Just take the comments Sturgeon made about quarantining people from the UK. Her motivation is similar to that of Priti Patel, blaming outsiders for disease is an age old technique for nationalists. It is designed to provoke the English as well as stoking poor relations between the North and South.  Of course, it is not a policy that could be enforced as Holyrood has no power to install border controls, and families living on both sides of the border would deeply resent it.

Saturday, 11 July 2020

Planning and Growth

A quick comment on the government's schemes to boost the economy through reforming the planning system.  These are still to change as the government is pretty much rudderless, but the whole basis of the policy seems misguided.

The approach appears to be that there is a set of pointless government rules holding back the animal spirits of the economy.  Leaving aside the extra bureaucracy that the government is creating through the Brexit process, there are generally reasons for the rules regimes.  People in the UK simply don't want workers' rights, environmental standards and so cut. In many areas, such as animal welfare, they probably want them raised.  The whole virus experience has probably made the UK more conscious of the need for public health. The ignored issues of climate change need planners to impose systems to reduce carbon emissions in a way that will not happen at the required pace through the market.

The government ignores all this.  Instead it seems to aspire to a free for all to appease property developers, especially those who Donate to the Tory Party.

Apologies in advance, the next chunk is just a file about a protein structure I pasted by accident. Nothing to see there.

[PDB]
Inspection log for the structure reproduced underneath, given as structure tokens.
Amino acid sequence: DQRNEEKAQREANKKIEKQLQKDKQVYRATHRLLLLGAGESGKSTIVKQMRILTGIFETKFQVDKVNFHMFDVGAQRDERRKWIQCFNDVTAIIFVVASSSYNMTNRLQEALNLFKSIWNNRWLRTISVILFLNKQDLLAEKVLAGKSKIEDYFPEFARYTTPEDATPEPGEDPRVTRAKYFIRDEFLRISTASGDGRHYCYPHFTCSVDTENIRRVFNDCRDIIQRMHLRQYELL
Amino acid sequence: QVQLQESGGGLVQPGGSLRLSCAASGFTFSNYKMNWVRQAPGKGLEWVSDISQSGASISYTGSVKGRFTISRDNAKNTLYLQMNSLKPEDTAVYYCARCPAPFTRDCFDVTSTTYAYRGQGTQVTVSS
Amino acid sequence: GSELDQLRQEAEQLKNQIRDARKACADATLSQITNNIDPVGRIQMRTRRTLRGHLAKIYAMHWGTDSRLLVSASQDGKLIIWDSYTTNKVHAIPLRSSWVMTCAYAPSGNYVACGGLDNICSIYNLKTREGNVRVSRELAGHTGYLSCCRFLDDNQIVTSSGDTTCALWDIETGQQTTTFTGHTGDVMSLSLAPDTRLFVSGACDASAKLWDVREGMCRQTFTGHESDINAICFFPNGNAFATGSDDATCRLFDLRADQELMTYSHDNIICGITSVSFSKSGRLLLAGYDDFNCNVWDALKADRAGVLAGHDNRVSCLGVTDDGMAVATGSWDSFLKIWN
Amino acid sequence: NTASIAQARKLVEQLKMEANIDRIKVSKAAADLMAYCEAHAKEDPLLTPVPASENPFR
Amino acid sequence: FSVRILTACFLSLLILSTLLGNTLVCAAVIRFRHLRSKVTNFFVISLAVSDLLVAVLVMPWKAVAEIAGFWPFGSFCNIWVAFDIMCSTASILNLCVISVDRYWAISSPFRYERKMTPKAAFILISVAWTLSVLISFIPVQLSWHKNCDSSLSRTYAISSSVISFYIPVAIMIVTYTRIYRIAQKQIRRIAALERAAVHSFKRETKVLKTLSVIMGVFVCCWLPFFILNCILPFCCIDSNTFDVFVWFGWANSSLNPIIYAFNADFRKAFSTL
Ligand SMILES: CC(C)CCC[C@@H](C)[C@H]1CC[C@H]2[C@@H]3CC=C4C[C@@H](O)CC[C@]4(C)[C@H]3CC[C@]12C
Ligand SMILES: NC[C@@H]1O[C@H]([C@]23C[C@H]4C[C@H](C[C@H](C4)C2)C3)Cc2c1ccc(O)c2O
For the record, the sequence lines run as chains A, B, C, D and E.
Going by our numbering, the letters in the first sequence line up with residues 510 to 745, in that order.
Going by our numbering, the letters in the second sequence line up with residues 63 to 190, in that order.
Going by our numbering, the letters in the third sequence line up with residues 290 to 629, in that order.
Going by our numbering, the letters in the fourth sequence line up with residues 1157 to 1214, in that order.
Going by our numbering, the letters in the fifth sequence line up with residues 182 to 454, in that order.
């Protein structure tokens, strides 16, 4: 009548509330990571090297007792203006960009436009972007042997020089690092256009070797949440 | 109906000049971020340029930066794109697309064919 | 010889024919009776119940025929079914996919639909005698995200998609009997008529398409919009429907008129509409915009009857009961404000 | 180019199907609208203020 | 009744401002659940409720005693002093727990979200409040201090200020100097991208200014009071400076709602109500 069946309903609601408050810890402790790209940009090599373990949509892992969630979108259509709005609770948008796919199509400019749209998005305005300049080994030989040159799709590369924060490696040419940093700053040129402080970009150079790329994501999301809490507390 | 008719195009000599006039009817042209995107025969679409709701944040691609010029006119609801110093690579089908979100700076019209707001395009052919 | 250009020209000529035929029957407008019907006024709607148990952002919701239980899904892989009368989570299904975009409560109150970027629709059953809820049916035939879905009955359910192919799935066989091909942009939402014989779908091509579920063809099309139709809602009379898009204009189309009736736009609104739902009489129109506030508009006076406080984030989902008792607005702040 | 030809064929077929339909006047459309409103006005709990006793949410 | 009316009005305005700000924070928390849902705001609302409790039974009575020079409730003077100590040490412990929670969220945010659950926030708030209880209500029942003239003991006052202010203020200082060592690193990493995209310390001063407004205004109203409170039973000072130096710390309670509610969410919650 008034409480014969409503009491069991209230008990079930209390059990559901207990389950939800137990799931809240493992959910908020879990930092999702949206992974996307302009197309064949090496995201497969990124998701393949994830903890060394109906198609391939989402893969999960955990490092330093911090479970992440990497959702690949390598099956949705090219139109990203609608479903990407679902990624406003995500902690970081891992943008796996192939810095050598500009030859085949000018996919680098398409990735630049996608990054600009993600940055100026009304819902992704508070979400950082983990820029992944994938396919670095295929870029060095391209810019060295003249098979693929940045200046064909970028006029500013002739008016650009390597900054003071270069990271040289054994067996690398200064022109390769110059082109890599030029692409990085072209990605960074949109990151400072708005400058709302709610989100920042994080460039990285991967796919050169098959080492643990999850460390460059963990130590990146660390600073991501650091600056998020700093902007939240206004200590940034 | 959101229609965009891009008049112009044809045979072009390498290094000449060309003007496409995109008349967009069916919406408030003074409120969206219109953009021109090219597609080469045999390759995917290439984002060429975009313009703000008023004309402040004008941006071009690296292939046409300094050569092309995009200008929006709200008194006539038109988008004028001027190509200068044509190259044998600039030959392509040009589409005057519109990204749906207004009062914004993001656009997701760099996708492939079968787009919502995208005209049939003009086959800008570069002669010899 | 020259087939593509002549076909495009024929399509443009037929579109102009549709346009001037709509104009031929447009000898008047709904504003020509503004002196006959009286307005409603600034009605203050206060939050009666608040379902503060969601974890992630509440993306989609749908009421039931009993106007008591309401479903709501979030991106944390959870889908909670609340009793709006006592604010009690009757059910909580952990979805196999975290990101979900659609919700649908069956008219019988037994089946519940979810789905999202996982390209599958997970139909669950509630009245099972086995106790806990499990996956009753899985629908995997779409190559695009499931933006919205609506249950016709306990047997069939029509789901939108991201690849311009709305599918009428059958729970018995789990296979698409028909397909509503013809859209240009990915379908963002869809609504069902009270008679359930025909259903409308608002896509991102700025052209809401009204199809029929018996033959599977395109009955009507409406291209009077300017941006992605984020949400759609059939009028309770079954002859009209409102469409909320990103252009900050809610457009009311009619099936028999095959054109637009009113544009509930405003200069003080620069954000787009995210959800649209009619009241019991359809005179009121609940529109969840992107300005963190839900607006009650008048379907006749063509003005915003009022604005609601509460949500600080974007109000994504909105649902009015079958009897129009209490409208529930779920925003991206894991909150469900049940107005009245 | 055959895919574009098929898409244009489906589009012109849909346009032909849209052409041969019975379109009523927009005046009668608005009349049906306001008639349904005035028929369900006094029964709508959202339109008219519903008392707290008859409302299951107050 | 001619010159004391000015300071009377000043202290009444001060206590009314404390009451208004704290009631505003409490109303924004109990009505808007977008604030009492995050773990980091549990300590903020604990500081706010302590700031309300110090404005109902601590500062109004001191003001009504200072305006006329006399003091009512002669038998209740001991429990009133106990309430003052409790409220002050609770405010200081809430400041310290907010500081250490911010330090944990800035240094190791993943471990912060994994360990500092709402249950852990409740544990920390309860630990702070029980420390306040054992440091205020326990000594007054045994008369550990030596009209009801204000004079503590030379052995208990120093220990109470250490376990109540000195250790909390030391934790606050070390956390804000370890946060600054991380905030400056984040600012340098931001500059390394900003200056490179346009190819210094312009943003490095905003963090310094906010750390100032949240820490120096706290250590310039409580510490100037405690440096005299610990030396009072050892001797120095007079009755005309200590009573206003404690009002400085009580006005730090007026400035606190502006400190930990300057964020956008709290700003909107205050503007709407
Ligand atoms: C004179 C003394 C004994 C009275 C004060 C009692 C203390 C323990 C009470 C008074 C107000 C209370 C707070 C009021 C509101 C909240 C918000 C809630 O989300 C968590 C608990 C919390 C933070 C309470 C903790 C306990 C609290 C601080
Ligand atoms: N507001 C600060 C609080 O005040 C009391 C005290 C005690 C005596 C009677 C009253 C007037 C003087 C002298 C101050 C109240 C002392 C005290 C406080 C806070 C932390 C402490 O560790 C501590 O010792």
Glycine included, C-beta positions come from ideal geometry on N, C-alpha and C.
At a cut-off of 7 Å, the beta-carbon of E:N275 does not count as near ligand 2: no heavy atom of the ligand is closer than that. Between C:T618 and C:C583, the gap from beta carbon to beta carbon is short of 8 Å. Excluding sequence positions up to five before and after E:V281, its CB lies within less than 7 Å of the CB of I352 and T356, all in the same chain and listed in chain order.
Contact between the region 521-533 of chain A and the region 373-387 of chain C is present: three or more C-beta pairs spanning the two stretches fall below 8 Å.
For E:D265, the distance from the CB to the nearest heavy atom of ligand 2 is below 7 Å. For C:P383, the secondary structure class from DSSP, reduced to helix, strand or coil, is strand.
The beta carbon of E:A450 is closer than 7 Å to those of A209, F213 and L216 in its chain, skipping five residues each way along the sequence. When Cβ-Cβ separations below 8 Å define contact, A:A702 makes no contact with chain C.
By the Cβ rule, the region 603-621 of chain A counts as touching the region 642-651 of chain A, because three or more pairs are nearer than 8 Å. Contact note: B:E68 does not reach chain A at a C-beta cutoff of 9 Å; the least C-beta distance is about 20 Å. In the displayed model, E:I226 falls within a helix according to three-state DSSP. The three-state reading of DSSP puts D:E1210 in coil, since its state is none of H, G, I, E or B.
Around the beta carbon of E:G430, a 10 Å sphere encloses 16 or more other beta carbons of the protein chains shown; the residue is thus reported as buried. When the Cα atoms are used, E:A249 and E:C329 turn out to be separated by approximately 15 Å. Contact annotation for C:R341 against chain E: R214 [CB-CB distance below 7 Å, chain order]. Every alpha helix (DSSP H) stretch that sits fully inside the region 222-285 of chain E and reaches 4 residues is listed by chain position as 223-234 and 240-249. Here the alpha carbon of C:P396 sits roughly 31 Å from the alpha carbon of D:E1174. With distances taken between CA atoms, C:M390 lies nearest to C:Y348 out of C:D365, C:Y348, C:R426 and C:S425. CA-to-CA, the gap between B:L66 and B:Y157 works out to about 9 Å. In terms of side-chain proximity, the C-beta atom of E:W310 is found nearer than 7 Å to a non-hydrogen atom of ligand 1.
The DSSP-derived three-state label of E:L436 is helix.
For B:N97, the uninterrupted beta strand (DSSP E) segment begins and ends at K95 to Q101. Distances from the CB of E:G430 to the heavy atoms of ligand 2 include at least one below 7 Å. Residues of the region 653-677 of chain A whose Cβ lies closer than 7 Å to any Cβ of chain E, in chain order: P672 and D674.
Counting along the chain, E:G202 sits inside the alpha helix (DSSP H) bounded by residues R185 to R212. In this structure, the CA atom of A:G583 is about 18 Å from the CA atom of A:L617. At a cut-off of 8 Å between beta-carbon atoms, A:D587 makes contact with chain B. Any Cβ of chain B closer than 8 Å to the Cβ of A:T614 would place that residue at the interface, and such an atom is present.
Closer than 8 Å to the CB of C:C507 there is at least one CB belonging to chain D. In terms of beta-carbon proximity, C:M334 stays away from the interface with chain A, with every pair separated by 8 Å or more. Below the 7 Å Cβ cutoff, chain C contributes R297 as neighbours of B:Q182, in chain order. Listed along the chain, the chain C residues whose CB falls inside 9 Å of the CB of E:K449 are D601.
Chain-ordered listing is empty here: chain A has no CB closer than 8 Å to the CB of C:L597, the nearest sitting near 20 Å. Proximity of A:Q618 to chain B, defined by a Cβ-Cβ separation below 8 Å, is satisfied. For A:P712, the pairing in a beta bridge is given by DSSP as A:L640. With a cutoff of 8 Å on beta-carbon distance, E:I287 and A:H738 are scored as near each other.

Future government's of any stripe will have to spend a huge amount of effort clearing up the mess that Mr Johnson leaves in his wake.

Friday, 10 July 2020

The Reopened Wìllesden Library

I have now used the reopened Wìllesden Library.  Essentially, you can bring items back, and borrow them, but there are no periodicals, PCs or WiFi.  Similarly there appear to be no events, no museum and no archive service.  This seems in line with a generally minimalist line across the UK

When I was there, there were very few users either.

Hopefully, this skeleton service will develop, and I was told that pre-booked computers might start from next week.

Thursday, 9 July 2020

Antisemitism and Clement Attlee

Many of the reviews of Andrew Adonis' biography of Bevin have suggested that he and Attlee were antisemitic.  That may be true of Bevin, but I find the idea harder to swallow with Attlee.

This story sugģests that took in one of the kindertransport children, which seems an thing for an antisemite to do.  Of course during the Mandate, he may have made hostile comments, but they surely have to be seen in the context of the attacks on British soldiers in Palestine at the time.